The beginning of outer space and spaceflight is something hard to classify because the boundary between an atmosphere and the vacuum of space is very fluid. A space border is to be defined according to what one considers air and space / what one considers important in these matters. The space border may be an air pressure border rather than an altitude border, and should apply to all celestial bodies.
One of the following altitudes and pressures might be set as a border between an atmosphere and outer space / between air- and spaceflight (some of them are based on my personal spaceflight experience in Orbiter2016):
60,000 ft (18.3 km) The Armstrong limit above which the outside air pressure is so low that you need a pressurized suit (like a spacesuit). Water would boild at the temperature of your body. So your body considers the space above the Armstrong line to be vacuum and you can't survive without a pressurized suit or cabin anymore. 90% of the Earth's atmosphere's mass is below you. FAA airspace legislation ends at the Armstrong limit. The sky gets very dark already above 60,000 ft and you'd see the brightest stars and planets at noon. The Armstrong limit marks the begin of nearspace, a transition area between airspace and outer space. If you consider it the space border already, the following celestial bodies would count as bodies with atmospheres: Venus, Earth, Titan, and the four gas giants.
115,000 ft (35 km) The triple point of water. Above that altitude water can't exist in liquid state outside anymore. Water ice would sublime (evaporate), not melt. The triple point of water is at a pressure of about 611.7 pa (0.088 psi). At this altitude there's also the upper boundary of the ozone layer above which there's little block of UV radiation. Above that altitude the sky is completely black and won't get any more blacker. You'd see all bright enough stars and planets at noon (such as the Orion in summer). Jet aircraft can't fly leveled anymore and the altitude record for a jet plane is a MiG-25M about 8,000 ft (2.5 km) above that altitude. If you consider the pressure of the triple point of water to be the space boundary, you are to add Mars to the list of bodies with considerable atmospheres.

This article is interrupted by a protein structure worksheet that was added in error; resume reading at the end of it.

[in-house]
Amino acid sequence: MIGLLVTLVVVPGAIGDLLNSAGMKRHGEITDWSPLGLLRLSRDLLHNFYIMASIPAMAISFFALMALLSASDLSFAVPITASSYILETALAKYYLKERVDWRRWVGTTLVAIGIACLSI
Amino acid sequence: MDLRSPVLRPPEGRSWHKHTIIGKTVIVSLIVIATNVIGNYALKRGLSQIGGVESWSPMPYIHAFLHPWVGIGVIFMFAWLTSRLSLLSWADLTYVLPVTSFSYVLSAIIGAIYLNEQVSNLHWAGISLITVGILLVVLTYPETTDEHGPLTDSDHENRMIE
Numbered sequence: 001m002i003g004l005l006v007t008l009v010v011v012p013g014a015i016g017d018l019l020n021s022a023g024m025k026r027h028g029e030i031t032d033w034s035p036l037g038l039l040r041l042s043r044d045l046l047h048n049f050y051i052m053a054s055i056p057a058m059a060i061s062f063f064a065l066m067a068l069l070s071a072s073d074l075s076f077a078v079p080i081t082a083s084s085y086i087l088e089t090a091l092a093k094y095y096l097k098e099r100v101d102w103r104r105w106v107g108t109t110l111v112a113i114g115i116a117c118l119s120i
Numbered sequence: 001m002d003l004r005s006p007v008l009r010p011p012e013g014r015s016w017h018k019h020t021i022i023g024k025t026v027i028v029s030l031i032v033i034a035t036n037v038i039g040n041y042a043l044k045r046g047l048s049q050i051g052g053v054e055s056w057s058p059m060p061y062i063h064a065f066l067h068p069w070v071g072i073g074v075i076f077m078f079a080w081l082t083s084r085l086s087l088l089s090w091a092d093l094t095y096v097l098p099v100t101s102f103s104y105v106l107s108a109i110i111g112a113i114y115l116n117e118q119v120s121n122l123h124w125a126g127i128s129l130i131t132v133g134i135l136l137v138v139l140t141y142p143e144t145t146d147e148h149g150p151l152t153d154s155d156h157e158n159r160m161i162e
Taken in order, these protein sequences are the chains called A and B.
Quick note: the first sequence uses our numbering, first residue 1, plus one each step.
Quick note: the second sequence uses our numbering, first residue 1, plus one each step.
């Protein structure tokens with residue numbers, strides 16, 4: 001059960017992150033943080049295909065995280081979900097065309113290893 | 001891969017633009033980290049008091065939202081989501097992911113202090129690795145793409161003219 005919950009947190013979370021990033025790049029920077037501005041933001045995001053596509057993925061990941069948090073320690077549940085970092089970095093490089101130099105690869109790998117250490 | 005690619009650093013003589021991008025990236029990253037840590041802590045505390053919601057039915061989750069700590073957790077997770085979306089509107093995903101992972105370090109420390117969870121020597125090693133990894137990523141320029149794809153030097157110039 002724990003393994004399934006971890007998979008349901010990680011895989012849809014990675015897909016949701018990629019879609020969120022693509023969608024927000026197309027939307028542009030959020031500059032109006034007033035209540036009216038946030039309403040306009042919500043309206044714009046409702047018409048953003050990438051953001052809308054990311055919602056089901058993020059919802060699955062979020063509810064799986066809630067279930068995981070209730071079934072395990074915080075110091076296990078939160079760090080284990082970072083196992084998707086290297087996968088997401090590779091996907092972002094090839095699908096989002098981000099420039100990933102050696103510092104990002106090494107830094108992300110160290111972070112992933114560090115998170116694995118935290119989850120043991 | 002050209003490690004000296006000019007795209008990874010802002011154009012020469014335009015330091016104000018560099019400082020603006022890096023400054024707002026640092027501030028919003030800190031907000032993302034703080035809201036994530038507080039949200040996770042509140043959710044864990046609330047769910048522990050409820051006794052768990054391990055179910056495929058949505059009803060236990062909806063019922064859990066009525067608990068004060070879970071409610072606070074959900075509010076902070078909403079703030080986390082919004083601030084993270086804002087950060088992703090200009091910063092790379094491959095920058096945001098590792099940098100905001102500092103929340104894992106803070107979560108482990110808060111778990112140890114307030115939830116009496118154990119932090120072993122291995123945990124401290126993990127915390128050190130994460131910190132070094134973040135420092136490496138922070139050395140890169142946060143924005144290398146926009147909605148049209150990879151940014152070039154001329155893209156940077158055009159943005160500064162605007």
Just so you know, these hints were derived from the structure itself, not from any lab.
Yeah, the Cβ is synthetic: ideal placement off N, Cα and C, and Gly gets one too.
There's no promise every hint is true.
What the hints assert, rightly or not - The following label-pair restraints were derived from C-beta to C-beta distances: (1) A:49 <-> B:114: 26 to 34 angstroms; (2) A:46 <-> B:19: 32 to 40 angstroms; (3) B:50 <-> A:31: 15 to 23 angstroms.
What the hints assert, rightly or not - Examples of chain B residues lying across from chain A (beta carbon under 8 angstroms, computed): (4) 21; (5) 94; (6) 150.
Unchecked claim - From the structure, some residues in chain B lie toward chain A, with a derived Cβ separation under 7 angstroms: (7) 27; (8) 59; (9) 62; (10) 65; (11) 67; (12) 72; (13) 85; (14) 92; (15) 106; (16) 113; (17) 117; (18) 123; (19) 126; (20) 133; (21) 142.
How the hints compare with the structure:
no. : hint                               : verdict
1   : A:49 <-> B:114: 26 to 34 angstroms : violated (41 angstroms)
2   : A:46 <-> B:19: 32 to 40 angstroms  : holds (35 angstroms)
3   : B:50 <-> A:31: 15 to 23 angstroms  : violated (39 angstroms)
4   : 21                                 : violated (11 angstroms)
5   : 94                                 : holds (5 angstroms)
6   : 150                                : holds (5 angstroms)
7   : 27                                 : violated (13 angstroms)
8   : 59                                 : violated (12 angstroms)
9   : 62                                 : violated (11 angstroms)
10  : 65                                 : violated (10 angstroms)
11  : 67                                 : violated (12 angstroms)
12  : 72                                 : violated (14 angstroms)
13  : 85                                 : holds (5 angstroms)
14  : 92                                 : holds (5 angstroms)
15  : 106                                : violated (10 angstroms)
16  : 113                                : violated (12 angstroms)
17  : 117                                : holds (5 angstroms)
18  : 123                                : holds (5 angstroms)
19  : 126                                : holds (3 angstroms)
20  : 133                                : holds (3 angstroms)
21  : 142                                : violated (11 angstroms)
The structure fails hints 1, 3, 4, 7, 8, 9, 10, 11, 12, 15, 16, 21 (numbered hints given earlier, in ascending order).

32 mi (51.5 km) The stratopause (stratosphere-mesosphere border). Temperature stops increasing and starts decreasing with altitude. Above 32 mi, air pressure drops below 0.01 psi. If you consider this or a lower altitude the space border, note that Yuri Gagarin wasn't the first man in space for you. The first man in space would be American pilot Joseph Walker who reached slightly more than 32 mi in the X-15 on 30 March 1961, a few days before Gagarin's spaceflight.
200,000 ft (61 km) As I conclude from flying in Orbiter2016, above about that altitude, pressure drops below 0.003 psi. There it is so low that you can't hear anymore, there is no sound and one is essentially deaf above that altitude. Outside only, since sound would still travel through your spacecraft of course. Also above circa 200,000 ft the ionosphere begins. Balloon flight is no longer possible. The highest unmanned balloon reached an altitude of 173,900 ft (53 km) and the highest manned one (flown by Alan Eustace) reached about 136,000 ft (41.5 km). Above 200,000 ft you may become weightless in your spaceplane without having to push the yoke. See this answer for clarification.
71 km (230,000 ft) This is circa the lowest perigee I reached in Orbiter2016 and continued orbiting the Earth. The orbit didn't change much, it remained pretty stable.